Another good move: announcing Stadia at the yearly Game Developer Conference, instead of at the upcoming Google I/O show or E3. By introducing Stadia specifically to game developers and publishers, including quite a lot of time showing off the unique design flexibility of its remote Linux- and Vulkan-powered hardware, surely ignited the imagination of a lot of game makers. Today, the day after the announcement, you can bet there are game directors and developers scrambling to meet with Google’s Stadia team at GDC, desperate to check out the platform and get games on at launch.
Stadia isn’t the first gaming platform to use a 100% remote streaming setup: the ill-fated OnLive eventually became Sony’s PlayStation Now, NVIDIA’s GeForce Now is currently in beta, and Shadow allows for a more techy, individualistic approach. Microsoft is almost certainly going to go into streaming in a big way with the next Xbox, and rumors suggest that Verizon and Amazon are looking into it as well.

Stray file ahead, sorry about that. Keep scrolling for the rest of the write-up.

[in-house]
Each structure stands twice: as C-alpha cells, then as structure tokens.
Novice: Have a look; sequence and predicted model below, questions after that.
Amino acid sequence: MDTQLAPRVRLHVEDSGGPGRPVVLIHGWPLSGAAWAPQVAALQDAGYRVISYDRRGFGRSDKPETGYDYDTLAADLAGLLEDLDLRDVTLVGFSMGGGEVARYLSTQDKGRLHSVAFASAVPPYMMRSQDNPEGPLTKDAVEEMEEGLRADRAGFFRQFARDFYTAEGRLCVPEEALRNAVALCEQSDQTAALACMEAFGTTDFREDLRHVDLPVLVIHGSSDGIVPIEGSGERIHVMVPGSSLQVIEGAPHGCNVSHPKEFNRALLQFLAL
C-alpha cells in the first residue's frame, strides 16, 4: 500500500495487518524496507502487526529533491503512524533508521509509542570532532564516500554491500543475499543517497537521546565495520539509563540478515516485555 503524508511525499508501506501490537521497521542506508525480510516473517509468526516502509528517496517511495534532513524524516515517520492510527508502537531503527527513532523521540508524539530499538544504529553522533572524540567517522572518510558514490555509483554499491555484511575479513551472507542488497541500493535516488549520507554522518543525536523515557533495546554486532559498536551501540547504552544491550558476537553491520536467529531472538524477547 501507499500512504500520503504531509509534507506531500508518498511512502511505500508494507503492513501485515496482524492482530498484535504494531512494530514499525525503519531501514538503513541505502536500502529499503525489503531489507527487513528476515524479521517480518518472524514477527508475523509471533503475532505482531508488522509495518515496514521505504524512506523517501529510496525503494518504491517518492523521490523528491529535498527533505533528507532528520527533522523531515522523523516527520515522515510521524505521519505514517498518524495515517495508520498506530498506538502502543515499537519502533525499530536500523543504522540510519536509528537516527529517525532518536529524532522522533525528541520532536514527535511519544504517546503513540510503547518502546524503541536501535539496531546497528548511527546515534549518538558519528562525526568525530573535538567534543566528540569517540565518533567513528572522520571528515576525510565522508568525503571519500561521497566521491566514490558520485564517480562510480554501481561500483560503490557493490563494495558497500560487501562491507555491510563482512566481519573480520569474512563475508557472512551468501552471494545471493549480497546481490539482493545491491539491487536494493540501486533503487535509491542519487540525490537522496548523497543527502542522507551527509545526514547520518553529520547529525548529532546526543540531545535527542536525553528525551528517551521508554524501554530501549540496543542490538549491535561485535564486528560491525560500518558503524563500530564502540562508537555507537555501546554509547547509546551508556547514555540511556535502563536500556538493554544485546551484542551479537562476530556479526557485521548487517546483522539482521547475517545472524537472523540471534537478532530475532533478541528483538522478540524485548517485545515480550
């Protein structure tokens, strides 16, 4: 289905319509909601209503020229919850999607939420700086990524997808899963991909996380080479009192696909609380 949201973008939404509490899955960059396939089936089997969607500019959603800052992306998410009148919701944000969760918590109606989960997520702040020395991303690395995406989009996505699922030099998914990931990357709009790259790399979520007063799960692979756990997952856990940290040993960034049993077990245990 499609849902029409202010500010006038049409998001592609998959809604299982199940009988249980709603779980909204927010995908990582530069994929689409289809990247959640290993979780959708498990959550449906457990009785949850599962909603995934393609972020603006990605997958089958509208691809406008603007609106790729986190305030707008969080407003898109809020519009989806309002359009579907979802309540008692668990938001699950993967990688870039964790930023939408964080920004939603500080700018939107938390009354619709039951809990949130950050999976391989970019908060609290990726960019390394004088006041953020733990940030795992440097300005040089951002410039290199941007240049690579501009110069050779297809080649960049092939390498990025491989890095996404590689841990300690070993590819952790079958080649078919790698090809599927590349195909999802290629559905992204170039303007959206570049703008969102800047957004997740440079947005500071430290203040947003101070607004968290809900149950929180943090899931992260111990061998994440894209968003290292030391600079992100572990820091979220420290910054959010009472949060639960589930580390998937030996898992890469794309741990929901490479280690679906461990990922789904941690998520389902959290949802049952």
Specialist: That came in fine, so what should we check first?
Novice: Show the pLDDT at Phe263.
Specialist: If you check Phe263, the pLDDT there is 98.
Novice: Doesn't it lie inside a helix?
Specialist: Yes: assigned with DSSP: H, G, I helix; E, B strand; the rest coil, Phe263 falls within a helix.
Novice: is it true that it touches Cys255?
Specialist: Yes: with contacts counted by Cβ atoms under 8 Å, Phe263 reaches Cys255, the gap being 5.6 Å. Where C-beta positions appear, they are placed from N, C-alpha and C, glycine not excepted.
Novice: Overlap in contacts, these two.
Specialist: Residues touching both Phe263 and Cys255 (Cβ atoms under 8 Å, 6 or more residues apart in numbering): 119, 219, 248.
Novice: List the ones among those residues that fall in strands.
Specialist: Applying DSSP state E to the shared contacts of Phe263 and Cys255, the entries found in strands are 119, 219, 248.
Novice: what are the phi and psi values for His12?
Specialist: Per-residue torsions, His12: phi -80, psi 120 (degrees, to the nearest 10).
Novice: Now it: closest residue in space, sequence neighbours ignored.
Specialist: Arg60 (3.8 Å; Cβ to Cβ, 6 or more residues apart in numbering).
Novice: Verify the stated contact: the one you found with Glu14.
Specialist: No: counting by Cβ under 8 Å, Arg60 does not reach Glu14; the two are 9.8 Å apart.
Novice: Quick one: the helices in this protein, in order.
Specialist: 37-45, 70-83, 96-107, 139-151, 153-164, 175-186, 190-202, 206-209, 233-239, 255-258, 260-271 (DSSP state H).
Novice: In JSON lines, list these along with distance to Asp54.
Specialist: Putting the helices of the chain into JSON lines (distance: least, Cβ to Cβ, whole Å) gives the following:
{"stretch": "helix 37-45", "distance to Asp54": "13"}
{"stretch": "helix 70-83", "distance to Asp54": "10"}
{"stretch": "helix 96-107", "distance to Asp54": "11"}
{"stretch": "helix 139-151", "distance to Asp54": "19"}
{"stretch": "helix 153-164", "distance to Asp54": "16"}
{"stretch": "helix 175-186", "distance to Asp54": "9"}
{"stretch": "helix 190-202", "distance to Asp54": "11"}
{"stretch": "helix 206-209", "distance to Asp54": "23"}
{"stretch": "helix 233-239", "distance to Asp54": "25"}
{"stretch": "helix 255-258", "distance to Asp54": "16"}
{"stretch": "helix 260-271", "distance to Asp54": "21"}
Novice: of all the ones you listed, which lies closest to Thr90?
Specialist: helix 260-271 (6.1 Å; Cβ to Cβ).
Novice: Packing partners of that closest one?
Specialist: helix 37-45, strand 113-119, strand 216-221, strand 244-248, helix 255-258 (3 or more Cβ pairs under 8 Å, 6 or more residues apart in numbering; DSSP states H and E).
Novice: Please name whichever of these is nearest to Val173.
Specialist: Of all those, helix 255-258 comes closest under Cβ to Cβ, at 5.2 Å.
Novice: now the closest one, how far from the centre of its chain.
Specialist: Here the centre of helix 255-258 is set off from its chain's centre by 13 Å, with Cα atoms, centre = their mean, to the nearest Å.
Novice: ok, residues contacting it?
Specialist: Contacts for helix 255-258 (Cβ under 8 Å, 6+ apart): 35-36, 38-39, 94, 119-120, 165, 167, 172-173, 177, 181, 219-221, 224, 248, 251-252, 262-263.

But Stadia is the first streaming system to be built with streaming in mind from the ground up and upon the massive power of Google’s data centers and money. Demonstrating deep hooks in Chrome and YouTube (to capture the Twitch audience), powerful new ways to play split-screen and asynchronous multiplayer, and baked-in support for massively popular developer tools like Unreal Engine, Unity, CryEngine, and Havok are all smart moves for a new platform.
It means that not only will developers be able to port their existing projects to Stadia’s hardware easily, but they’ll also be able to create entirely new types of games that are only possible with access to Stadia’s web, streaming, and scalability functions.